- I get errors like "Can't call method METHOD on an undefined value". What gives?
- I am drawing a bar chart, and the chart area is a lot smaller than the image. What is going on?
- I have my data in some format that doesn't look at all like the array that I am supposed to give to GD::Graph's plot method. Do I really need to mess around with array references?
- How do I stop those pesky accents appearing around bars or inside area charts?
- Where is the ActiveState ppm of GD::Graph?
- Do you have some example code for me?
- Will you support X or Y?
- Why does export_format give me a weird string, instead of just 'png' or 'gif'?
- TrueType fonts don't work when I use GD::Graph from a CGI program.
- I'm trying to use GD's builtin fonts, but it's not working.
- When I have many data sets, some end up having the same colour.
- Can you tell me how to do X?
- Can you fix this bug I've found?
GD::Graph::FAQ - Frequently asked questions
Take a look at "DISTRIBUTION STATUS" in GD::Graph first.
You probably had an error somewhere, most likely in the plot() method, and you didn't check for it. See the section on Error Handling in the documentation for GD::Graph to find out how to deal with this sort of thing, and how to get more information about what the error was.
As of version 1.30, GD::Graph automatically corrects the width of the plotting area of a chart if it needs to draw bars (i.e. for bars and some mixed charts). This is necessary, because rounding errors cause irregular gaps between or overlaps of bars if the bar is not an exact integer number of pixels wide.
If you want the old behaviour back, set the correct_width attribute to a false value.
I have my data in some format that doesn't look at all like the array that I am supposed to give to GD::Graph's plot method. Do I really need to mess around with array references?
Not necessarily. Check out the GD::Graph::Data class.
You can set the
accent_treshold option to a large enough value (larger than your chart). Alternatively, you may like it better to set the
borderclrs attribute to be the same as the dclrs one.
I'll probably include an option in a future version that gives better control over this.
Ask them. I have asked them, but didn't get an answer. I don't know what to do to get it included in their set of ppms, and I really do not have the time to keep asking them.
I believe that GD::graph has finally made it into ActiveState's ppm archive. However, I am going to leave this question here in case they get behind again.
The distribution has a large set of examples in it. If you don't have the original distribution, please get it from CPAN (http://www.cpan.org/ or some local mirror).
If you send me a patch that (in a decent manner) adds the functionality to the latest version, I may very well add it for the next release. If you don't send me a patch, but just a question, you will have to be patient. (Please also see the section on bugs in the main body of GD::Graph.)
As of version 1.31, export_format in a list context returns all formats that GD can export. If you are only interested in the answer 'gif' or 'png', make sure that you call it in a scalar context.
$export_format = GD::Graph->export_format; $export_format = $graph->export_format; print "Export format is ", scalar $graph->export_format, "\n"; print "Export format is " . $graph->export_format . "\n"; @export_formats = $graph->export_format;
When your programs run as CGI, they typically do not have the same environment as when you use them from the command line. The Perl FAQ, section 9, has some information on this. It is also not guaranteed that your script runs from the directory that it is in. It is probably better to include something like:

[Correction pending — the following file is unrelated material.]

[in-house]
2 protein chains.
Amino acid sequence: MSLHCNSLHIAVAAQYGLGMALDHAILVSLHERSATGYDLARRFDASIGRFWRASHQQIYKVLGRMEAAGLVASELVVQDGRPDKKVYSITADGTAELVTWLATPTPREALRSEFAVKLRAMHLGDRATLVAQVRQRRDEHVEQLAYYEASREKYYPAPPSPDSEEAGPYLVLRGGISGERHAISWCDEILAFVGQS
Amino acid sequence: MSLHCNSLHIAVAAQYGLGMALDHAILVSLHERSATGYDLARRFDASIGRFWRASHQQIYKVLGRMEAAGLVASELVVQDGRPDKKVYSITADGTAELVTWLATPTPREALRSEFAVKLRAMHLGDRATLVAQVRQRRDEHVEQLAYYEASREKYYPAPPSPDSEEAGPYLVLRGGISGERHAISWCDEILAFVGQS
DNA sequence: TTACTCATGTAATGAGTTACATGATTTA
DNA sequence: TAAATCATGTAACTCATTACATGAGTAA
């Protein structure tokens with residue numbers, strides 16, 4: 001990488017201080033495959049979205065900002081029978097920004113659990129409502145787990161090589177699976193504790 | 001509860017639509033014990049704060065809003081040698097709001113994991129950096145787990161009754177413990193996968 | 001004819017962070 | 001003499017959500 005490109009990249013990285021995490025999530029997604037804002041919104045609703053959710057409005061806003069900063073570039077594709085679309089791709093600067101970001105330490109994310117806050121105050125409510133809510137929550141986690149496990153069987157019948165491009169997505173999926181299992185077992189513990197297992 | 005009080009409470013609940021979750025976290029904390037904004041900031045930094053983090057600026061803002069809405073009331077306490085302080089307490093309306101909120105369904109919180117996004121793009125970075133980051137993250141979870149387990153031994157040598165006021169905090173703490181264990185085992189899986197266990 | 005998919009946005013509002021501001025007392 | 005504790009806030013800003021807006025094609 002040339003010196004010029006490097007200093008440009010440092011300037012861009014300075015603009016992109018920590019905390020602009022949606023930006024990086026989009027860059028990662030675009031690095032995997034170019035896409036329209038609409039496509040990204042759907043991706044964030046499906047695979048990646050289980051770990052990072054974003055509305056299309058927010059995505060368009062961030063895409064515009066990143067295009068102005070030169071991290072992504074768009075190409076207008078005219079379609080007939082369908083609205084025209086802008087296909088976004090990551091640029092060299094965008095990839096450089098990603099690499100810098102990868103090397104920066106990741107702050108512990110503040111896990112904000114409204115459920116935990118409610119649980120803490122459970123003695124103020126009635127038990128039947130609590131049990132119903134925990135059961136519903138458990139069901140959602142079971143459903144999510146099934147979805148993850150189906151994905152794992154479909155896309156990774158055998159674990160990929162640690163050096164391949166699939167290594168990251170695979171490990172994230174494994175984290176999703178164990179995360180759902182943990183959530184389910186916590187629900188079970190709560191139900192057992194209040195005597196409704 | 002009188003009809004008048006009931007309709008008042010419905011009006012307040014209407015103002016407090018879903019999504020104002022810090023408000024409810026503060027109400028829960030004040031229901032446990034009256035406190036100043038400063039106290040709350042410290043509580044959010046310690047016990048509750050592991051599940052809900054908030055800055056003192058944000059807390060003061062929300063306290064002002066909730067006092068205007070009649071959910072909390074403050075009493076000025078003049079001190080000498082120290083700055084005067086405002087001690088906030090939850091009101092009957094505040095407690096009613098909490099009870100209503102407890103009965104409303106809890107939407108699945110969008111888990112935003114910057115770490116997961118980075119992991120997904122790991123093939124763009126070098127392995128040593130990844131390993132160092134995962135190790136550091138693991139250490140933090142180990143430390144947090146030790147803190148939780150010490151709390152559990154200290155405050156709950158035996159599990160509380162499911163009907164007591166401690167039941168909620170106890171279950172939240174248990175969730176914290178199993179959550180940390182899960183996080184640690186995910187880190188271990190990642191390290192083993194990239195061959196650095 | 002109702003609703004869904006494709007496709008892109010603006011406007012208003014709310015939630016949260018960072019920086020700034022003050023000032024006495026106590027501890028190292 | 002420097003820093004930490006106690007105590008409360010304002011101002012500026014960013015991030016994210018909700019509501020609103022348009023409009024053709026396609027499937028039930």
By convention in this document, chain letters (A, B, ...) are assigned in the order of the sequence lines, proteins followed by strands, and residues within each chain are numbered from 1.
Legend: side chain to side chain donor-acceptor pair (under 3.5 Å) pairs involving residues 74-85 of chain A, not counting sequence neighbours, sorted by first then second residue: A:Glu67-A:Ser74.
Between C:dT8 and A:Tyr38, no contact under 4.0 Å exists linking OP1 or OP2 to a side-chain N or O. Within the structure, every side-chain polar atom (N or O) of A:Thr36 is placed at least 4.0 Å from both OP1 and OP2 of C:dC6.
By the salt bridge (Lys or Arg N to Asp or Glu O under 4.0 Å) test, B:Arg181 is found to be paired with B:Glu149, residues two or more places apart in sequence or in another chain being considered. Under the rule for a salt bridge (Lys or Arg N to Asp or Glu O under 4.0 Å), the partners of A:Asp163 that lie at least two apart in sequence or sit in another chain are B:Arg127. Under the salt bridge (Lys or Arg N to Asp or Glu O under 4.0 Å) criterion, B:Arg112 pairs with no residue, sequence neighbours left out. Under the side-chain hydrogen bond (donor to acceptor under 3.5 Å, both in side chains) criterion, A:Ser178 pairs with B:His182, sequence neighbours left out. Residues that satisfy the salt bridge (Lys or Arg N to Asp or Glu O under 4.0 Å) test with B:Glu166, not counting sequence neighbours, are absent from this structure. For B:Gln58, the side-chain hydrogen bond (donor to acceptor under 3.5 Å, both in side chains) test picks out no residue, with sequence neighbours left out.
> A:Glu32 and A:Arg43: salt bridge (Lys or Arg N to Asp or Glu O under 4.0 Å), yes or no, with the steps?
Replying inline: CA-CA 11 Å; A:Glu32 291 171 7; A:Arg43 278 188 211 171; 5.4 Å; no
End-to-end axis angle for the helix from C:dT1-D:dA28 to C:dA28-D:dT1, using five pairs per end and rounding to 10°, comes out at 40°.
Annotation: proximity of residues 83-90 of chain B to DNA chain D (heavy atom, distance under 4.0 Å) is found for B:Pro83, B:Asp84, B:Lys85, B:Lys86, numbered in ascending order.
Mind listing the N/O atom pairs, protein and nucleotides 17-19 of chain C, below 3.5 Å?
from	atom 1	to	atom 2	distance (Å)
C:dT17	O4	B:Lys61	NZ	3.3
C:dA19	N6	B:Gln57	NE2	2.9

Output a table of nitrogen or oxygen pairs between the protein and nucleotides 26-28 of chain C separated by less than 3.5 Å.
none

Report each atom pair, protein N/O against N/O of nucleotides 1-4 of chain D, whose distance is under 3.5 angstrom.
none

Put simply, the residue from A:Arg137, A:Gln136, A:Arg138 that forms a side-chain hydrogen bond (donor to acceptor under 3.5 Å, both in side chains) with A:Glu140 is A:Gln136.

use GD::Text; GD::Text->font_path("/path/to/my/font_dir");
See the GD::Text documentation for more information about font paths.
Most likely, you are using the font short name, like gdGiantFont or gdMediumBoldFont, and you have not put a
use GD in your program. This is needed, because these short names need to be exported into your name space by the GD library:
use GD; # ... $graph->set_x_axis_font(gdMediumBoldFont);
If you don't want to include the GD library, you can use the longer alternative names (which is what I'd recommend anyway):
use strict then you will actually get an error message if you try to use the short names without including the GD module.
Also see the GD::Text documentation for this information.
The default number of colours for data sets is seven, so if you use more than seven data sets, those colours will be re-used for the higher data sets.
This is described in the entry for the
dclrs attribute in the GD::Graph documentation.
Not necessarily (X might be kind of complicated, after all). Did you look in the samples for something similar? If not, you're probably best off seeing if you can get help from a group of people, rather than one or the other of the overworked individuals whose e-mail addresses are shown below.
If you're more comfortable with asking a newsgroup for help, the canonical resource is <comp.lang.perl.misc>; if you prefer web forums, there is a good one at <http://www.perlmonks.org>.
In either case, if you are not familiar with the forum and its denizens, you might wish to read the following helpful guide before posting your question: http://www.perlmonks.org/?node_id=172086
Well, I hope so. Please see the "BUGS" section in the main body of GD::Graph for the best way to report it.
Martien Verbruggen <email@example.com>
Current maintenance (including this release) by Benjamin Warfield <firstname.lastname@example.org>
(c) Martien Verbruggen.
All rights reserved. This package is free software; you can redistribute it and/or modify it under the same terms as Perl itself.